Salvation Army Serves Up Elegance For 51st Annual Silver Tea

In the latest episode of Mission Nonprofit, three Salvation Army auxiliary members discuss their work in the community and an upcoming fundraising event, the 51st Annual Silver Tea.

The Tea takes place Saturday May 12, is open to the community, and raises funds for the important work by the Salvation Army. As a full high-tea complete with food, musical entertainment, and silent auction, the event is set to be a fun way to give to a good cause.

And the Olympia Salvation Army certainly has many causes they are working to assist with in the community. In addition to providing emergency lodging for the houseless, a community kitchen that offers three meals every day of the year, the Salvation Army has many more programs serving the community.

Originally founded in London in 1865, and later in Olympia in 1889, the Salvation Army has provided vital aid and support to people for over 100 years.

Many know the Salvation Army by their holiday bell-ringers, those in storefronts collecting charitable donations during the holiday season—one of their busiest times of the year also spent running a bazaar, the Giving Tree, and a toy drive. But they also offer back-to-school supplies, clothes, and summer camp scholarships to children in need.

Thanks to members like Major Phyllis Pease, Co-Chair Julie Pietz, and Historian Judy Berg, the Salvation Army is able to provide these services to the community.  These women are part of the auxiliary branch of the organization, which began in 1966. The auxiliary members help to coordinate volunteer programs and fundraising for the organization.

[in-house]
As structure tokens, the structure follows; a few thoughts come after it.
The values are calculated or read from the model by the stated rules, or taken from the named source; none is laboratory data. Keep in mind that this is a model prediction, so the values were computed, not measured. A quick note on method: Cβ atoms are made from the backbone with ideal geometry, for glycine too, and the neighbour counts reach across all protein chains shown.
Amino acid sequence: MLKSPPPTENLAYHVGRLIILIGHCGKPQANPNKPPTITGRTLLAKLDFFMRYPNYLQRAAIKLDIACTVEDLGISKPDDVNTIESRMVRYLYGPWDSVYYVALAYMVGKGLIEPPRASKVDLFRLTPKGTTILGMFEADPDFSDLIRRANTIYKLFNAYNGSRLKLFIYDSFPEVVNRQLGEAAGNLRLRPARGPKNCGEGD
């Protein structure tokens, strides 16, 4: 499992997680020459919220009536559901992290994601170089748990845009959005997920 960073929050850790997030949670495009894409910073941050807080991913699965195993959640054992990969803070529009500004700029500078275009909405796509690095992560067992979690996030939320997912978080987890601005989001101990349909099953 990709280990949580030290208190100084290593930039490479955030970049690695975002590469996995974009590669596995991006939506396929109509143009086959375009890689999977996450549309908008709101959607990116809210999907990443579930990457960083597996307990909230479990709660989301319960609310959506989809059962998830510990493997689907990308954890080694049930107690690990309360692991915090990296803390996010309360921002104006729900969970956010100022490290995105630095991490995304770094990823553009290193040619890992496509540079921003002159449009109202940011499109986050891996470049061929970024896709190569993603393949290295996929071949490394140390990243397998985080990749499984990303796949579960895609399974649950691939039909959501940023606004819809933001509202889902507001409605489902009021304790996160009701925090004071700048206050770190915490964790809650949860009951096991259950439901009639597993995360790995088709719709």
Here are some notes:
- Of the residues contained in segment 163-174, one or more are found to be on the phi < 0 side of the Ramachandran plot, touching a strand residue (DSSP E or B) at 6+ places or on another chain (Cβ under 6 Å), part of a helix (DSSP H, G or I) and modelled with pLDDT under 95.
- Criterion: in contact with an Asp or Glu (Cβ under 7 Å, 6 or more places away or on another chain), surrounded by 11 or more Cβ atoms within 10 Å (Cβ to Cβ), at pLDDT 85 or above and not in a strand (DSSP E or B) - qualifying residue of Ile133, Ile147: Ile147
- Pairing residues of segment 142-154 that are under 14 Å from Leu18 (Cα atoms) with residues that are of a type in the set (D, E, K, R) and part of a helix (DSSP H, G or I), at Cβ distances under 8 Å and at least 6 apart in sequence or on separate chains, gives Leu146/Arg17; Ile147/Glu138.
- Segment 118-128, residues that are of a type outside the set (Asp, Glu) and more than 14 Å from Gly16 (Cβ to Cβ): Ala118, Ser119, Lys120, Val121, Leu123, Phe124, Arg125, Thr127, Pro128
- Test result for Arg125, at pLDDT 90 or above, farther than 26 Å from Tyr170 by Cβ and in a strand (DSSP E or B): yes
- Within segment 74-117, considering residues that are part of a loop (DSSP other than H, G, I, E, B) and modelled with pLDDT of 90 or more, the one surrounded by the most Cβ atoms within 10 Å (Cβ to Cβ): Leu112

Judy Berg first joined the Salvation Army as a child with her family in Chicago. She adds that the organization also has an Advisory Board, which consists of outside members from the community. She notes the board’s role in keeping the Salvation Army accountable to others.

Though the Salvation Army is also a Christian church, the auxiliary is open to those who are not necessarily members of the church, but who simply want to donate their time to the community.

“I’d love to hear from folks,” says Julie Pietz, who began as a volunteer three years ago, and now works in publicity and membership. “I’m looking for ladies that would like to be a part of an organization like ours.” She invites people to attend one of their monthly meetings, even just to observe to see if they would like to continue. Meetings are the second Monday of the month, from 10:00 to 11:00 a.m.

Just by talking and getting into a conversation, Julie says, you can get an idea of what it is you might want to do. “We allow people to find their niche and then go for it,” she shares.

“We do need people with energy, and who are willing to give their time,” Judy adds, “It’s something that you will enjoy. It will make you feel good.”

There are many ways to become involved with the mission of the Salvation Army, as there are many growing needs in the community. As a volunteer, you can donate a small sum of your time. If you wish to donate money, all financial donations stay within the Thurston County programs.

Of course, you can also attend the upcoming Silver Tea at 2 pm May 12, held at the Salvation Army headquarters at 1505 4th avenue E Olympia.

Visit their website, or call 360-352-8596 to find out more ways to give.

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